I just finished the autobiography of Malcolm X. It is a book I strongly recomend to everyone, and since as a muslim I found special sweetness in it. I strongly recomend it for Muslims specifically for Muslims.
At this stage. I had developed an interest in the story and development of Malcolm X throughout the different stages of his life. From his humble poor beginings as part of a disintegrating family, then to a small town hick new to the big city of Harlem who then is completely absorbed into the fasad (corrupt) lifestyle of drugs, crime and women. Then again his almost miracolous metamorphasis into an outspoken principles number 2 in the national of Islam, and finally to a strong confident sunni muslim who- while still very assertive and powerful in his words and actions- embraced an inclusive ideology of all africans and all good human beings.
Prior to reading this autobiography. I had read his elder sister Ella Mae Little's biography of Malcolm titled "seventh child". While it did not give as many insights as the actual autobiography. I still found it vital to getting insight into Malcolm from a third person prespective. I also read Spike Lee's book about making the X movie which is also a book I highly recomend reading.
What emerged for me here is a person who was the epitomy of corruption and vice. Someone who, according to my very good friend Tarek (he mentioned it many many times), "was a hustler in Harlem". The king of the darkness of one of the most dangerous places in the US at the time. To a person who came to live his life so strictly to his principles that he was resigned to death BECAUSE of this, and in his dying the verse Allah swt mentions is based on this man.
من المؤمنين رجال صدقوا ما عاهدوا الله عليه فمنهم من قضى نحبه ومنهم من ينتظر وما بدلوا تبديلا
Which translates (very roughly to) "Of the believers, there are men who were truthful to Allah in the covenant they undertook. So some of them died while on this covenant, and some of them are waiting, and they are not going to change [their covenant]).
Some may attack me for making this comparison, but whenever I read about Malcolm X I remember the life of Omar bin Alkhattab RA. Another man who lived a life of vice and violence, a man who was known for his brutality and alcoholism. After becoming Muslim this man became one of the greatest leaders in history. Omar was also assassinated.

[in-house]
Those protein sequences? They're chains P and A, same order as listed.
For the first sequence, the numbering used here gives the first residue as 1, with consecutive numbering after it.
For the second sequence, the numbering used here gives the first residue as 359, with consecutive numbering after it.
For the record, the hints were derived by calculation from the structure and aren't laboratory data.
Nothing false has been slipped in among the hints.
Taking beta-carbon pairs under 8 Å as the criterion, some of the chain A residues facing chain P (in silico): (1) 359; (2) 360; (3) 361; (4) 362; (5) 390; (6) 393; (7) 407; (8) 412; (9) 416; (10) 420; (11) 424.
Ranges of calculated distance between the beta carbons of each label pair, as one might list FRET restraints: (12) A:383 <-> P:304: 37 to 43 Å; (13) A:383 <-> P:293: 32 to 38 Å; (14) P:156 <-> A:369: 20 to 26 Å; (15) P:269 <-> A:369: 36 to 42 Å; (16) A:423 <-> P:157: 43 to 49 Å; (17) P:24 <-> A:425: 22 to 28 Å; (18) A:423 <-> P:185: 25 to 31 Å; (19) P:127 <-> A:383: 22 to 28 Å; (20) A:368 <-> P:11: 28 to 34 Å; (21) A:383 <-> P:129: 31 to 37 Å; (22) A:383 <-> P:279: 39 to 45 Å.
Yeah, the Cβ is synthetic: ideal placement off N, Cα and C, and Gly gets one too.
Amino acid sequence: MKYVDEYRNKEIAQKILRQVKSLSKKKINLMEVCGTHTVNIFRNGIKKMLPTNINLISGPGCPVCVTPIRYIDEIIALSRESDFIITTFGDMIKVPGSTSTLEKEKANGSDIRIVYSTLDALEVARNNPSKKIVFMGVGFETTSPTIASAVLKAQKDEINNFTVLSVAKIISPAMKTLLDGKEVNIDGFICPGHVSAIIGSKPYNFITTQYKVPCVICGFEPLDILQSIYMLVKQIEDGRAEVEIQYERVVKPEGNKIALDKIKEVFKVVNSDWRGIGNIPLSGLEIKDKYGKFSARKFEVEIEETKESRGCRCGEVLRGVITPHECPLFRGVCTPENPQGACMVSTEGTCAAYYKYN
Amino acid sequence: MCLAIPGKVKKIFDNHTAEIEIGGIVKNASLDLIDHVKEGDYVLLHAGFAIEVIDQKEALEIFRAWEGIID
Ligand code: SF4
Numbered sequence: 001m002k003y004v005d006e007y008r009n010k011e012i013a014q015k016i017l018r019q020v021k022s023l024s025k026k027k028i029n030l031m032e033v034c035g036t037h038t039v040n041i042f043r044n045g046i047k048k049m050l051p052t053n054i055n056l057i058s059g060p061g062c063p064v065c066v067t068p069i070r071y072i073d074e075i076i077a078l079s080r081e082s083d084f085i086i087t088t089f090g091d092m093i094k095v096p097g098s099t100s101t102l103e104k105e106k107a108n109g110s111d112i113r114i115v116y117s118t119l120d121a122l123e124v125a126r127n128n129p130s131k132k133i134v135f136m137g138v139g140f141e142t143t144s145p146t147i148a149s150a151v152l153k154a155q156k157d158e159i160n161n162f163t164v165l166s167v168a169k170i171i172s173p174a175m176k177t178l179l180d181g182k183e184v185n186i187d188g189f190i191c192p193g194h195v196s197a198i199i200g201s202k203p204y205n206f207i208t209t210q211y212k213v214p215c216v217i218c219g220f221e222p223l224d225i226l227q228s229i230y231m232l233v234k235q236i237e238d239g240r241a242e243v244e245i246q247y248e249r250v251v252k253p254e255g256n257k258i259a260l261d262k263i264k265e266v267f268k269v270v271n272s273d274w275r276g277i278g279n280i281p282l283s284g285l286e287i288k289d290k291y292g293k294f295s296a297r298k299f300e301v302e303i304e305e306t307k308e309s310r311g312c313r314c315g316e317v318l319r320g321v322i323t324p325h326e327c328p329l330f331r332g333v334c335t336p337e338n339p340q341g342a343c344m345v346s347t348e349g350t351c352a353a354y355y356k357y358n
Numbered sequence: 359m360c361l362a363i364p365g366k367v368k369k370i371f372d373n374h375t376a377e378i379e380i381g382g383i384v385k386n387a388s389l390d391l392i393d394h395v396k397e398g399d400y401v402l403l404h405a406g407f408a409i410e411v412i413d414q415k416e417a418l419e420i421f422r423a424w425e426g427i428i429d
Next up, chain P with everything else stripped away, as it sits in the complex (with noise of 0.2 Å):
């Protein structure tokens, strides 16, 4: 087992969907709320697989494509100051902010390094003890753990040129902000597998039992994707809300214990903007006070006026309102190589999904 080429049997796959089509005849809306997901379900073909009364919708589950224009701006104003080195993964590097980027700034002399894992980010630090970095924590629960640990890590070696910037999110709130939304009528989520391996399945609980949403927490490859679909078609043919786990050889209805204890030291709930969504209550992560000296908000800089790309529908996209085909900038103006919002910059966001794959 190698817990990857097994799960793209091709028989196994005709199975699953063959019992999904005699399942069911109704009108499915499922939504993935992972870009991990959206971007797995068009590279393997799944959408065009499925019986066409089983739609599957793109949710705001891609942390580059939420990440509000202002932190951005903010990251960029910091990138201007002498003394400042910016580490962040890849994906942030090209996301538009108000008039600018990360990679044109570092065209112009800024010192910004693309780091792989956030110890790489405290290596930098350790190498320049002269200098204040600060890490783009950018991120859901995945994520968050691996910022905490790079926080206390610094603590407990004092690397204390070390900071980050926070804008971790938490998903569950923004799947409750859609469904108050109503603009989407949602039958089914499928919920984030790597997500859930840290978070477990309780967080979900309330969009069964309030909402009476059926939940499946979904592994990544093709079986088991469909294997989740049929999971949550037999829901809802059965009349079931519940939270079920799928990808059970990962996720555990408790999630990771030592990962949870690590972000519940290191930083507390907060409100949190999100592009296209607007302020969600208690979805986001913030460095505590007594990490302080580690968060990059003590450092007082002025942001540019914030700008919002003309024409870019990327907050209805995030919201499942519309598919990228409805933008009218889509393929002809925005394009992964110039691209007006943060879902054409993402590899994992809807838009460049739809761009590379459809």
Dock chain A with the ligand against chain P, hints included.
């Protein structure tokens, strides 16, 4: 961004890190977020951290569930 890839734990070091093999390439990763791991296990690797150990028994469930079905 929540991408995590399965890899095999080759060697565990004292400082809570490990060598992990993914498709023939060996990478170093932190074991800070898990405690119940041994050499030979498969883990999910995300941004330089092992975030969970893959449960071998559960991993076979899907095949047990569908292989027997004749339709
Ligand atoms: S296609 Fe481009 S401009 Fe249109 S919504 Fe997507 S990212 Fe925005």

On another note. I thought the interaction between Malcolm X and the media of the 1960s was very intersting. Given the nature of the media now and the extent of its power and corruption at the same time.
During Malcolm X's time, he was demonized by the media, and from what I gathered from the books I mentioned. Although he was generally adored outside of the US. He was generally hated by the majority of whites and a large sector of the african american community in the US. I was not clear when public opinion swayed to his side. Was it after his return from mecca a sunni muslim ? or was it after his death ? Famous people are generally more appreciated after their death.
Another point, can there be a person in Australia who can lead and unite Muslims into one political social entity that establishes services and holds voting power ? Things are different here of course than in the US 1960s. We have it much better.
Think about it though. Muslims in Australia are hopelessly lost and disunited. Politicians and media outlets slap us left, right and center and we can't do anything about it. Yet with all our 400 000 all over Australia we can't even celebrate Eid on the time day. Can there be a leader to unite us ?
Maybe... we're not meant to be united. Maybe our unity is in our diversity. huh ? huh ? didn't I just blow your mind ? I know right !
Also, the nation of Islam had two million followers out of a possible 23Million Afro Americans. So there wasn't a complete unity there as well.
I am however seeing in the younger generation iniatives to unite and to act as one. Some of those intiatives taking inspiration from (who else) Islamic Organisations in the US. A few weeks ago I intervewed a young lady laywer that was part of a sydney chapter of a muslim legal network. Today I met with a brother who was part of a muslim health collective in NSW. These new types of collectives are a fresh change from the outdated groups where a person or a mosque is the center. Instead they form around a need in the community, and they join hands regardless of school of thought.
I've digressed a couple of times so far. I think I'm going to call it a night.